Google's RAISR uses machine learning to create high-quality upscaled versions of low-res images

Google's RAISR uses machine learning to create high-quality upscaled versions of low-res images
Google has just unveiled a new machine-based image upscaling technology. The technique is called RAISR and stands for Rapid and Accurate Image Super-Resolution. In a nutshell, RAISR can create high-quality upscaled versions of low-resolution images.

In the blog post than unveiled RAISR, Google Research Scientsit Peyman Milanfar says that RAISR obtains results that are comparable or better than the current super-resolution upscaling methods. While the quality is often comparable, Google claims that RAISR works 10 to 100 times faster than current alternatives. Another of RAISR's strengths is its ability to avoid recreating any aliasing artifacts contained in the original low-resolution image.

Standard upscaling methods create new pixels by applying simple combinations to the existent pixels in the low-resolution images. Such linear filters are fast but their results are not always satisfying.

Instead of following the traditional route, Google's RAISR applies filters selectively to each pixel in the image. RAISR uses machine learning to find out which filter works best for each pixel. It does this by analyzing the differences between upscaled versions of low-resolution images and their direct high-resolution pairs. As the system goes through more image pairs, it is better able to predict which filter will work best on each pixel. Obviously, this is just a simplified explanation of how the system works. If you're interested in learning more about RAISR, head on over to the Google Research blog post through the source link below.

Now that you've been introduced to how RAISR works, here are a few sample photos:


The potential for a fast image upscaling technology is immense. Aside from enabling the refresh of any photo taken at low resolution by modern standards, we can imagine that RAISR could be integrated with Google's Camera app, Google Photos, and a range of other apps.

source: Google

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9 Comments

1. FlySheikh

Posts: 443; Member since: Oct 02, 2015

Impressive!

9. Jango

Posts: 372; Member since: Oct 24, 2014

Imagine if they incorporate this in the already amazing HDR+ they have on the Nexus 6P and the Pixel! Also, the wonders it can do if it were incorporated in the Google photos app, to upscale all those free unlimited images uploaded at not true resolution.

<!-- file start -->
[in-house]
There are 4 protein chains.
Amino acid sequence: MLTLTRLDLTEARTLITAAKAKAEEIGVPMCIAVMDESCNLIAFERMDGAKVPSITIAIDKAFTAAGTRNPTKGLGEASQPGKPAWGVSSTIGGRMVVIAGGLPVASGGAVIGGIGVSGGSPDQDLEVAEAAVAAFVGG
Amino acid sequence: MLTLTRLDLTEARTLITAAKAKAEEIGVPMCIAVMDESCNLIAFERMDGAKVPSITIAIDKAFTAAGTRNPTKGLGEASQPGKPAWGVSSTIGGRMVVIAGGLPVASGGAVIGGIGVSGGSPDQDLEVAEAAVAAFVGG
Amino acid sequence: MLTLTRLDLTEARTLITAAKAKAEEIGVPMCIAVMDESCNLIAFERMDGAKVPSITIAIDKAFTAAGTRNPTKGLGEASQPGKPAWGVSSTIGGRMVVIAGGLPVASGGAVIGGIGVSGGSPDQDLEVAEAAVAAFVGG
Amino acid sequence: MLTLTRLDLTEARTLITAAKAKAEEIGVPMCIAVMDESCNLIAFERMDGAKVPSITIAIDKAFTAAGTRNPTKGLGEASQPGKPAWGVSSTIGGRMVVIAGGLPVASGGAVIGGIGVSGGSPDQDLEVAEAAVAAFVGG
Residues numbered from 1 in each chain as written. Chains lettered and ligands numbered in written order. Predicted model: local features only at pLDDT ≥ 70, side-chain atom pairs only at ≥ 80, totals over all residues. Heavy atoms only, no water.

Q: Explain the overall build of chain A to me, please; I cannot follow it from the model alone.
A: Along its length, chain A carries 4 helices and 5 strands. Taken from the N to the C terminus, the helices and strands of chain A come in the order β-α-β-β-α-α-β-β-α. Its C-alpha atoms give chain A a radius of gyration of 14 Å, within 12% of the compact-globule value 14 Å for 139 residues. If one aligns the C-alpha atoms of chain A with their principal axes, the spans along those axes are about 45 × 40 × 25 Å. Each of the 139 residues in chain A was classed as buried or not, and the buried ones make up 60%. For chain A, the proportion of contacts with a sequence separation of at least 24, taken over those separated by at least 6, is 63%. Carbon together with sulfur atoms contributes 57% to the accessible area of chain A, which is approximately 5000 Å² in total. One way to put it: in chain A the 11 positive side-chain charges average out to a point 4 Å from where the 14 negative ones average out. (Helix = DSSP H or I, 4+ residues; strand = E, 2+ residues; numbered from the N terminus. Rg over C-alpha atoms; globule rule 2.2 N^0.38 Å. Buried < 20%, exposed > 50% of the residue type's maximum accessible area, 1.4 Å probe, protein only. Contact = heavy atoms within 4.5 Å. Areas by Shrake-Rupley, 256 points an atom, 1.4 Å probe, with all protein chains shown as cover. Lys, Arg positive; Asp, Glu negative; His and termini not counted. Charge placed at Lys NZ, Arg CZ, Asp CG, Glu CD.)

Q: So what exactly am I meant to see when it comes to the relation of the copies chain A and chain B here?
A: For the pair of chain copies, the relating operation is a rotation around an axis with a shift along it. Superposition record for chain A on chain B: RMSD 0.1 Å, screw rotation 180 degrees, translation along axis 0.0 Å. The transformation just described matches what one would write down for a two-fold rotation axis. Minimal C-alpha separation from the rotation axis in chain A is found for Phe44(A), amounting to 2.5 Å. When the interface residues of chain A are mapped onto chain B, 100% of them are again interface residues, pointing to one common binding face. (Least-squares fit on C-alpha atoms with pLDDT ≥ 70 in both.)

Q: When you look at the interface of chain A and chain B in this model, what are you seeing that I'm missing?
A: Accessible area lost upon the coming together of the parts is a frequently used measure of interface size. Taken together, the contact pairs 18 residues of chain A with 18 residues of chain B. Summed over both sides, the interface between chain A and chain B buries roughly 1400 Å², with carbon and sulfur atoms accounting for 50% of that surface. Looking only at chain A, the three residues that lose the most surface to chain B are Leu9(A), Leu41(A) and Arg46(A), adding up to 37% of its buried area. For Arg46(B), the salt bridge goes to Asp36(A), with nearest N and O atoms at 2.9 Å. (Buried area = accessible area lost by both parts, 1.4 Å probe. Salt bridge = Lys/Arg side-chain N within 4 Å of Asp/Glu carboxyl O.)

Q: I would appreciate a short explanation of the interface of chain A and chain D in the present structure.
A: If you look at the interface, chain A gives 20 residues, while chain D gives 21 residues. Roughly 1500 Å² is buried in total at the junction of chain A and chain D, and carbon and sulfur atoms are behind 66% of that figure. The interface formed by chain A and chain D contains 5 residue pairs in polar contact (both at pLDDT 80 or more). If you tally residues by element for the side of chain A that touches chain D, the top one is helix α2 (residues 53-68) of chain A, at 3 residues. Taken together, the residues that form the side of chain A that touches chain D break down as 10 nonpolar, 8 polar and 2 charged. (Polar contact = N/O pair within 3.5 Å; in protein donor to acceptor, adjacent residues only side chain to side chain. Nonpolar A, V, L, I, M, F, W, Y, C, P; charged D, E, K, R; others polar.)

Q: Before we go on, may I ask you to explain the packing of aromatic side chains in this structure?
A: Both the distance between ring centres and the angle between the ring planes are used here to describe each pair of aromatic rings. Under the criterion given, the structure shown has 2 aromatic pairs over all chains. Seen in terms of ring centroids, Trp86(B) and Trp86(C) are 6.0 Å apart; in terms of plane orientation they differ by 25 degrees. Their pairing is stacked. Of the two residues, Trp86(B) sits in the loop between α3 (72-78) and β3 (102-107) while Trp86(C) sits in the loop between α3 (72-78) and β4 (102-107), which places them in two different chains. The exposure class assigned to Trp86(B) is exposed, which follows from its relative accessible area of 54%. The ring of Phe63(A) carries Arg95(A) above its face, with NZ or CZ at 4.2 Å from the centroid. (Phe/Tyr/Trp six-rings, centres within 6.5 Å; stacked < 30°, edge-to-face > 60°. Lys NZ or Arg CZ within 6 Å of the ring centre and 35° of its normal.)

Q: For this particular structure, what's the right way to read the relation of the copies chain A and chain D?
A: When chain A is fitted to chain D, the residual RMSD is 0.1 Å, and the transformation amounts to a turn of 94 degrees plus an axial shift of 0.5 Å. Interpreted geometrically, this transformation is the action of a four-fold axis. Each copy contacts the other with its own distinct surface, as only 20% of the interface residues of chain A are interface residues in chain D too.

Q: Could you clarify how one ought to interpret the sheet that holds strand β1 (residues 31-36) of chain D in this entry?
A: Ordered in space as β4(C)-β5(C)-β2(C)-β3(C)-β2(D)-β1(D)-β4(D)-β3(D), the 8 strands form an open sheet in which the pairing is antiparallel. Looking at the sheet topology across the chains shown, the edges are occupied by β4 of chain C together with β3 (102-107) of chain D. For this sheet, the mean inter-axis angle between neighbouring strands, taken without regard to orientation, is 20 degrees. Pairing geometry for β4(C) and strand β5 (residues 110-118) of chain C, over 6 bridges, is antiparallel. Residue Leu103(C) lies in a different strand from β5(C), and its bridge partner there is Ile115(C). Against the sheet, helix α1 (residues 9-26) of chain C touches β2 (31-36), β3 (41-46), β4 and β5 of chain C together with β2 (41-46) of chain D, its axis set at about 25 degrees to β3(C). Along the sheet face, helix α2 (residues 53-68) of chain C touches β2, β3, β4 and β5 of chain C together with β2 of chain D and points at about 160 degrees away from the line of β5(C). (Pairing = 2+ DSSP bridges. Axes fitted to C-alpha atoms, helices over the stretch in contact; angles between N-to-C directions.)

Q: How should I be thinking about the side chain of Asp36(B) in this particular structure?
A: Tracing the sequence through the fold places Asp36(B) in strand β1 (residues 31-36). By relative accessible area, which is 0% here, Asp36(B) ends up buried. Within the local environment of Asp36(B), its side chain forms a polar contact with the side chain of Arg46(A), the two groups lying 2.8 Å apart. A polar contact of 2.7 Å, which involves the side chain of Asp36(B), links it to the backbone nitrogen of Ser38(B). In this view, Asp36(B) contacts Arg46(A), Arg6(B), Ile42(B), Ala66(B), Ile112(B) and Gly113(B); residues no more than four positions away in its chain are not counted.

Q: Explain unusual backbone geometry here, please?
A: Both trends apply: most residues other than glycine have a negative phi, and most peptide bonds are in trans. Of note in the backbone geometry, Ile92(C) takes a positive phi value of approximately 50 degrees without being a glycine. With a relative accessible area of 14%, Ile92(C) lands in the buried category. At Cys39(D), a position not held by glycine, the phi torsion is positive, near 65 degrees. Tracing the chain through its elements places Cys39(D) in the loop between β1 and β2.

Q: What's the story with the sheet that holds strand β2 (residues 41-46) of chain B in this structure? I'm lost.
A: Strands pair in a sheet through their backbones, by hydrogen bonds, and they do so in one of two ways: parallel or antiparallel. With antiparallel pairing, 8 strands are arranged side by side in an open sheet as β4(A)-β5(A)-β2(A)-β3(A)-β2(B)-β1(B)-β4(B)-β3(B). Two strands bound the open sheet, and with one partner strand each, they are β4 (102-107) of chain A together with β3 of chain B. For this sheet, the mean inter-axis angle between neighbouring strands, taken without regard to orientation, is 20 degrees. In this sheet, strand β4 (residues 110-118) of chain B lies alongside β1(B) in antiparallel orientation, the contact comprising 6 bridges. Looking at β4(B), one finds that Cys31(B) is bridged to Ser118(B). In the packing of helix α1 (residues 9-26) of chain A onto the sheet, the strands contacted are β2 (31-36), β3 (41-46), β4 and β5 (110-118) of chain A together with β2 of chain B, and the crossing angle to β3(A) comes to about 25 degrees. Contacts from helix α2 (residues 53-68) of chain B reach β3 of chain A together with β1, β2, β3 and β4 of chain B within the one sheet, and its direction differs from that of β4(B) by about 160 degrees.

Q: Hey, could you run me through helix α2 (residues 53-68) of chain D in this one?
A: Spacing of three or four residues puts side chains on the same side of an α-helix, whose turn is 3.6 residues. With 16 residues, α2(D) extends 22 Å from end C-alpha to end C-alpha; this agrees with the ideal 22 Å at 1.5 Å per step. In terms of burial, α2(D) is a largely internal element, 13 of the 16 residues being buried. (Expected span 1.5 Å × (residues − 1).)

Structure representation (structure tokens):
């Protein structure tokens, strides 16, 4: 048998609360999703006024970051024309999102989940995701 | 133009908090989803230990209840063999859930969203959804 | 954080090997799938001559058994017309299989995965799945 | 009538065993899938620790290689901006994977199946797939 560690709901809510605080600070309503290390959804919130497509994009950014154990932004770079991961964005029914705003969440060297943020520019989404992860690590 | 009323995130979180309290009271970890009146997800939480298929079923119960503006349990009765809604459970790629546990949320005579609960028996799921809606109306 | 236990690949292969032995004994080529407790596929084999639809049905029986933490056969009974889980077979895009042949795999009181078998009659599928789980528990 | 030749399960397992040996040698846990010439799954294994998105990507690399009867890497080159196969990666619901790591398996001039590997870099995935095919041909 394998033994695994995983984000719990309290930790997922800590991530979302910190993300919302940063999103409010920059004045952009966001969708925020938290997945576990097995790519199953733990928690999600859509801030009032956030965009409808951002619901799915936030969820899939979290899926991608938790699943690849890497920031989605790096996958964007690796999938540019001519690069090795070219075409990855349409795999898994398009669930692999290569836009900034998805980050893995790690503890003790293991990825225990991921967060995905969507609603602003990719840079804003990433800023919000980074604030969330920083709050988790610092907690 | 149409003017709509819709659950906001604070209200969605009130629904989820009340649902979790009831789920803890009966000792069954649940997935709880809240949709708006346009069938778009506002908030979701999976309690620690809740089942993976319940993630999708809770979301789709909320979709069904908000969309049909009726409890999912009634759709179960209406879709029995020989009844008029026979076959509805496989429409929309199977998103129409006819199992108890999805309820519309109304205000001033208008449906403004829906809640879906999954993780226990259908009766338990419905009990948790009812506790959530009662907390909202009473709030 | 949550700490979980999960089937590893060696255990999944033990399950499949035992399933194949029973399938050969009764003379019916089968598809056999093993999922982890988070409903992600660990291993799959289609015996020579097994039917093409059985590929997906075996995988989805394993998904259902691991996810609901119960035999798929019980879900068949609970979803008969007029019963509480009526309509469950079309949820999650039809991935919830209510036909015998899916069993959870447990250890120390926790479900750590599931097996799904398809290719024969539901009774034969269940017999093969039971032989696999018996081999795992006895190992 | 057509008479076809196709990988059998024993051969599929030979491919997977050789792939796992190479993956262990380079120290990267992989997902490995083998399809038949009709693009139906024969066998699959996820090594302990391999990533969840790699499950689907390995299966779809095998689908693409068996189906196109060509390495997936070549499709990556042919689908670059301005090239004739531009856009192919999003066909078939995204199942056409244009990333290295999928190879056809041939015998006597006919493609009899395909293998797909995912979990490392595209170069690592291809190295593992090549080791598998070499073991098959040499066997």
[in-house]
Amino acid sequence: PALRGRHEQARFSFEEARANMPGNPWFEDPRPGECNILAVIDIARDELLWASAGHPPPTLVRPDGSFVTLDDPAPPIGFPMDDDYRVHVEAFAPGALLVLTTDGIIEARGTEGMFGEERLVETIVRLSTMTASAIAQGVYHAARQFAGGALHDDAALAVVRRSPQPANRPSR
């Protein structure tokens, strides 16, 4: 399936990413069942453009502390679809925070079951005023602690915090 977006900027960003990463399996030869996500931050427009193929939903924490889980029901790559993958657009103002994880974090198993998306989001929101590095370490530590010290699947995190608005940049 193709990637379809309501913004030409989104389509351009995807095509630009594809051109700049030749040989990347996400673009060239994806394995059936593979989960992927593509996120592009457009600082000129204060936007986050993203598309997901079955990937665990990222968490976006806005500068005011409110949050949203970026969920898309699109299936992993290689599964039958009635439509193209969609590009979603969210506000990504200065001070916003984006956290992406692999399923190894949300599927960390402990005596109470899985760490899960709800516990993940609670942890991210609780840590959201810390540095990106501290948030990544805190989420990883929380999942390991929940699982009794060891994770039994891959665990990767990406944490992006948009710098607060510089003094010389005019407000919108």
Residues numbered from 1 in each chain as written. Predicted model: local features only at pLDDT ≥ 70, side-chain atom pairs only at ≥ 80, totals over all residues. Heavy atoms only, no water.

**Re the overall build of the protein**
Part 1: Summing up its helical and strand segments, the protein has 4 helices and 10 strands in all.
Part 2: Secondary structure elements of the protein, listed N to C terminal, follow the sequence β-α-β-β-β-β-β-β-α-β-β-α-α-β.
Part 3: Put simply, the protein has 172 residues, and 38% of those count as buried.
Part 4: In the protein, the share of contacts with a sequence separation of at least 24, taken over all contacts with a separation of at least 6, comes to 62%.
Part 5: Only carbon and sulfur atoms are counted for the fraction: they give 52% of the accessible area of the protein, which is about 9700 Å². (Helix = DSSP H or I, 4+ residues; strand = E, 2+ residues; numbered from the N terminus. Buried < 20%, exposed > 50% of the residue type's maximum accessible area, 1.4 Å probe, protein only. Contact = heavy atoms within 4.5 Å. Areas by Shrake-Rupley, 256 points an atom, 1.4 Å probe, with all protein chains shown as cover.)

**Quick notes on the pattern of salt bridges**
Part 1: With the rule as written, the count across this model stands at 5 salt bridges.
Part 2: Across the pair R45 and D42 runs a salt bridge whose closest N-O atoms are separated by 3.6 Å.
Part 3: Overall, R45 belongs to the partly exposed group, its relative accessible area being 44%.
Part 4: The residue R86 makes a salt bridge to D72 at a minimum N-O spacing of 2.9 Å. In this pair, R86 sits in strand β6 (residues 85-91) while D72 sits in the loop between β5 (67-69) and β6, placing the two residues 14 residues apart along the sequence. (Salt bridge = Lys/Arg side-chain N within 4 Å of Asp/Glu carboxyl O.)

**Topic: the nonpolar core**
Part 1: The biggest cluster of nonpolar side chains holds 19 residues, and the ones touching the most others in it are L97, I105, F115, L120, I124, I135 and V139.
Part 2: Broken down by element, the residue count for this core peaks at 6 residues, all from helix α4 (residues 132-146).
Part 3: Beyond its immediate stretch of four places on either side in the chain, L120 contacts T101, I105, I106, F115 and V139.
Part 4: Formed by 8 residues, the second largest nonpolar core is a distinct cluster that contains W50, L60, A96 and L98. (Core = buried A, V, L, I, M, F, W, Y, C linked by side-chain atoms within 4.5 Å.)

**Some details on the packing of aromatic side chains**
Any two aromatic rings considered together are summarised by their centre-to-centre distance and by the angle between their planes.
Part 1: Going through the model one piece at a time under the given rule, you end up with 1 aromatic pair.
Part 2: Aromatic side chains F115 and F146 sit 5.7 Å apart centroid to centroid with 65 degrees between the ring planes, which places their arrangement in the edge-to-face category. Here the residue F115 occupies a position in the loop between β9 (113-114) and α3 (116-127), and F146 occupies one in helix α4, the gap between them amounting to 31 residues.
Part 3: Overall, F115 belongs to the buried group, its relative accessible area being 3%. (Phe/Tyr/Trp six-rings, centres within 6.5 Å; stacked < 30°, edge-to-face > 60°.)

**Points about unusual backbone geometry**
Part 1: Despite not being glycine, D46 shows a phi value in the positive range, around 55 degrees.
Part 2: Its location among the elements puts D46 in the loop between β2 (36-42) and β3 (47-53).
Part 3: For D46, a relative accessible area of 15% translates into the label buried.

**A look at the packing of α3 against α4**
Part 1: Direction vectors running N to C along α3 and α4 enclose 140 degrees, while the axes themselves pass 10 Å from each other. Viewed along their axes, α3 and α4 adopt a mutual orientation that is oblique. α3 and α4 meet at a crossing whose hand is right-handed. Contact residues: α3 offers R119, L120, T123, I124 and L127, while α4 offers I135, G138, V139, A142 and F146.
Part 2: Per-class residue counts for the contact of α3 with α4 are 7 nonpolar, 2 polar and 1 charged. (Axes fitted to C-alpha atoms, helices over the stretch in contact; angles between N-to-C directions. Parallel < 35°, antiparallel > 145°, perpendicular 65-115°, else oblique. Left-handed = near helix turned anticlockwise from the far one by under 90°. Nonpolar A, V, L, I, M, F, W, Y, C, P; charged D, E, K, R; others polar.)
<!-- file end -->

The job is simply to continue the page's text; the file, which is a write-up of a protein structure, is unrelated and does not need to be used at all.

2. Macready

Posts: 1813; Member since: Dec 08, 2014

Without knowing the scale of enlargement and the technique used in the "oldschool" example, there's no telling how effective the machine learning method is. But judging by the lack of anti-aliasing in the former, they used a very crude way of enlarging. I bet using Lanczos filters, the difference would be minimal at best.

4. xondk

Posts: 1904; Member since: Mar 25, 2014

Generally a lot of manual correction after using filters and such. It doesn't seem crude, what you are seeing in the pictures are jpg artifacts from original image which it has also done, it is quite well done actually.

7. Macready

Posts: 1813; Member since: Dec 08, 2014

No, I was talking about the stairstepping in the "regular" enlargement. Using a good resize/resampling algorithm, none of that would have been present. In fact, If I downsize the machine learning example by a factor 4 and then resize it back to the size we see here, it looks almost identical to the machine learning example, much better than the "regular". Meaning, I'm not impressed by the example. Which is not to say that there are no benefits. It's just that they need to give us better examples and an explanation of the methods used, preferably providing the original file.

8. xondk

Posts: 1904; Member since: Mar 25, 2014

I think that's meant to show the low res, simply upsampled without anything, but yeah you are right, there's a lot of upsampling that works quite well, as long as source material is good enough quality.

3. Boybawang

Posts: 204; Member since: Jun 02, 2013

Does all the processing work in the clouds?

5. Zomer

Posts: 361; Member since: May 31, 2013

No, on servers.

6. Captain_Doug

Posts: 1037; Member since: Feb 10, 2012

ENHANCE

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